China ups the ante in stand­off with In­dia

Kuwait Times - - LOCAL -

BEI­JING: China has stepped up its rhetoric in an in­creas­ingly tense bor­der row with In­dia, hint­ing at the pos­si­bil­ity of mil­i­tary ac­tion in a pro­pa­ganda push that an­a­lysts are call­ing “gen­uinely trou­bling.” For more than a month, In­dian and Chi­nese troops have been locked in a stand­off on a re­mote but strate­gi­cally im­por­tant Hi­malayan plateau near where Ti­bet, In­dia and Bhutan meet.

On Thurs­day, Chi­nese de­fense min­istry spokesman Ren Guo­qiang warned that Bei­jing had shown re­straint but had a “bot­tom line.”“No coun­try should un­der­es­ti­mate the Chi­nese forces’... re­solve and willpower to de­fend na­tional sovereignty,” he said in a post on the min­istry web­site. It is a line that has been echoed al­most word for word this week by the for­eign min­istry, the of­fi­cial Xin­hua news agency, the rul­ing Com­mu­nist Party mouth­piece the Peo­ple’s Daily, the of­fi­cial mil­i­tary news web­site of the Chi­nese armed forces, and other out­lets.

On Wed­nes­day, the for­eign min­istry re­leased a 15-page doc­u­ment of “facts” about the bor­der dis­pute, which in­cluded a map of al­leged in­tru­sions and pho­to­graphs of what it stated were In­dian troops and mil­i­tary ve­hi­cles on China’s side of the fron­tier. Call­ing for the “im­me­di­ate and un­con­di­tional” with­drawal of In­dian troops, it warned Bei­jing would “take all nec­es­sary mea­sures” to safe­guard its in­ter­ests. Chi­nese for­eign min­istry spokesman Geng Shuang said Thurs­day that In­dia was build­ing roads, hoard­ing sup­plies and de­ploy­ing a large num­ber of troops in the area. “This is by no means for peace,” Geng said.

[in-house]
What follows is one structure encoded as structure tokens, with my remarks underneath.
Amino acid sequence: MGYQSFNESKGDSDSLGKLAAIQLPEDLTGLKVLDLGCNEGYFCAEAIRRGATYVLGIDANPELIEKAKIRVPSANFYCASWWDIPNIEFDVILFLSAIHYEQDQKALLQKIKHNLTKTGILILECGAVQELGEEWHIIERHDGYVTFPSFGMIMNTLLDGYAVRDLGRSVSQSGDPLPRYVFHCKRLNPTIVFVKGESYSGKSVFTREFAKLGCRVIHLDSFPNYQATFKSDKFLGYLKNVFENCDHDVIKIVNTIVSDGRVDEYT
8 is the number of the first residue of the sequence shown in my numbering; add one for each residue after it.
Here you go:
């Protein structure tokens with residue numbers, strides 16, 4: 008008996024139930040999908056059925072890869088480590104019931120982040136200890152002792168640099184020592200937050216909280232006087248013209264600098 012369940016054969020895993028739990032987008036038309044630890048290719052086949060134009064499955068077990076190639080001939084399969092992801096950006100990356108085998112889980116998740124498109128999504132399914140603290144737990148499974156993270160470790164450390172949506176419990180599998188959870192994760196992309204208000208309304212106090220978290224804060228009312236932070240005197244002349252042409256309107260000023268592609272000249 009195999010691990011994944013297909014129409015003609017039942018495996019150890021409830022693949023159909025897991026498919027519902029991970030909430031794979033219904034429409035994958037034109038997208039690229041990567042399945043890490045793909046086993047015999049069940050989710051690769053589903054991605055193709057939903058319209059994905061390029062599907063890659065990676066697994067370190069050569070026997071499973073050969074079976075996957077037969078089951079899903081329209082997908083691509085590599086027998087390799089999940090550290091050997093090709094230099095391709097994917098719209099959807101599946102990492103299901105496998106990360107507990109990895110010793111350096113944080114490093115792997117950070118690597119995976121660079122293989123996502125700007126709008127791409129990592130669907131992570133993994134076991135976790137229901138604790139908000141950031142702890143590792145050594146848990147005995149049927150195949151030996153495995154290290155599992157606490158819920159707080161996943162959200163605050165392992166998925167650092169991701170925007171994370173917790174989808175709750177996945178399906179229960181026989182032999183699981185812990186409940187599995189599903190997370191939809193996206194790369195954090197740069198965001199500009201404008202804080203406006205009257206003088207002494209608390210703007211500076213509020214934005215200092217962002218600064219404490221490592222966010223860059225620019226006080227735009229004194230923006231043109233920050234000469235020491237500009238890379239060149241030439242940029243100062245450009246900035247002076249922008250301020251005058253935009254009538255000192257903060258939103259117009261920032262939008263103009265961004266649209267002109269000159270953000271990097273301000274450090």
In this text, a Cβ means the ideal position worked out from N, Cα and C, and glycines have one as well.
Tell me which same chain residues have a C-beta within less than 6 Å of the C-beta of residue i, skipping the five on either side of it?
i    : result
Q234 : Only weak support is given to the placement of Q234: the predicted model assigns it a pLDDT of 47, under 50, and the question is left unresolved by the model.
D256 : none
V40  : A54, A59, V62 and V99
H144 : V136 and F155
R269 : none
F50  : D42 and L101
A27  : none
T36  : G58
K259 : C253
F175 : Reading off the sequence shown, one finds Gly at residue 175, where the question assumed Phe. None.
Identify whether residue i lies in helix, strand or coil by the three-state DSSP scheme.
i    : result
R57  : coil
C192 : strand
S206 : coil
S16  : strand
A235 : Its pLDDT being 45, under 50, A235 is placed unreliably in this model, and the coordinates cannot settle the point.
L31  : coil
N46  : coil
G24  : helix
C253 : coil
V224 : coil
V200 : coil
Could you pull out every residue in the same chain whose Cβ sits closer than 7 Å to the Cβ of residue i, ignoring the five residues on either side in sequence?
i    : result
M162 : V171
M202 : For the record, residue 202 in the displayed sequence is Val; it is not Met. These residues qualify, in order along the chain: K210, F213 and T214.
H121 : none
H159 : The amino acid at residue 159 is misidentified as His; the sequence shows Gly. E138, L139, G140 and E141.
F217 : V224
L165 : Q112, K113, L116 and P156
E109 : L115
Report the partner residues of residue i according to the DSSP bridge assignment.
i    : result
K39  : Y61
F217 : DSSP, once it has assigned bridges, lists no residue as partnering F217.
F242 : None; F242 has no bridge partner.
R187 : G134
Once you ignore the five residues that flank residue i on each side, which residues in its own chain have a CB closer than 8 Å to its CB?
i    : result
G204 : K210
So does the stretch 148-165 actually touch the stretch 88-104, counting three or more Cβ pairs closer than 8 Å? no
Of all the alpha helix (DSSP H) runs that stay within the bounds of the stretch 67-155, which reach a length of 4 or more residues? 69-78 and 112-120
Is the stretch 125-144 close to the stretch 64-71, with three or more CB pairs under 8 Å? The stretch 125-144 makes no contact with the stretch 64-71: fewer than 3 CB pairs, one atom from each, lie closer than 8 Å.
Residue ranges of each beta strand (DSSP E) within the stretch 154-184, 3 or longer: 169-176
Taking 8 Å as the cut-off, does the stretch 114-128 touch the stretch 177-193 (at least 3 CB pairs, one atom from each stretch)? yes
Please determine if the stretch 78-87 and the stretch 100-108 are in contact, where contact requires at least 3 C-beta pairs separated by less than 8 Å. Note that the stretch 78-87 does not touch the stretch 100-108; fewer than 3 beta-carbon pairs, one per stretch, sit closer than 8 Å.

Mis­trust be­tween the gi­ant neigh­bors goes back cen­turies and the pair fought a brief war in 1962 in In­dia’s bor­der state of Arunachal Pradesh. The re­cent es­ca­la­tion of China’s rhetoric was “gen­uinely trou­bling,” Rory Med­calf, head of Aus­tralian Na­tional Univer­sity’s Na­tional Se­cu­rity Col­lege, told AFP. “It sug­gests that diplo­matic con­ver­sa­tions, in­clud­ing among high-level na­tional se­cu­rity ad­vis­ers, are fail­ing to find a face-sav­ing way for the two pow­ers to with­draw their forces,” he said.

The plateau is strate­gi­cally sig­nif­i­cant as it gives China ac­cess to the so-called “chicken neck”—a thin strip of land con­nect­ing In­dia’s north­east­ern states with the rest of the coun­try. De­spite the heated war of words, other an­a­lysts played down the pos­si­bil­ity of an armed clash. “The point of th­ese state­ments isn’t that war is im­mi­nent; rather, they’re an at­tempt to fig­ure out how to not go to war with­out los­ing face,” Shen Dingli, vice dean of Fu­dan Univer­sity’s In­sti­tute of In­ter­na­tional Stud­ies, told AFP.

“Nei­ther side wants to go to war, but China and In­dia are act­ing like two un­happy lit­tle chil­dren.” China has rolled out a mas­sive new global in­fra­struc­ture pro­gram known as the “One Belt, One Road” ini­tia­tive, which it presents as a peace­ful de­vel­op­ment pol­icy to con­nect Chi­nese com­pa­nies to new mar­kets around the world. Crit­ics see it as a geopo­lit­i­cal pow­er­play.

Pres­i­dent Xi Jin­ping is set to meet In­dian Prime Min­is­ter Naren­dra Modi at a sum­mit of BRICS na­tions in the Chi­nese city of Xi­a­men in early Septem­ber and has said he hopes for greater co­op­er­a­tion within the bloc. But he is also gear­ing up for a key party congress later this year, at which he is ex­pected to fur­ther con­sol­i­date his grip on power-mak­ing him un­will­ing to ap­pear weak by back­ing down in the cur­rent dis­pute, said pol­i­tics pro­fes­sor Yvonne Chiu, who re­searches China’s mil­i­tary at Hong Kong Univer­sity. Chiu said China was test­ing “how much they can get away with, in a re­gion that is un­likely to draw the in­volve­ment of other ma­jor pow­ers such as the US.”

This file photo taken on July 10, 2008 shows a Chi­nese sol­dier (L) ges­tur­ing next to an In­dian sol­dier at the Nathu La bor­der cross­ing be­tween In­dia and China in In­dia’s north­east­ern Sikkim state. —AFP

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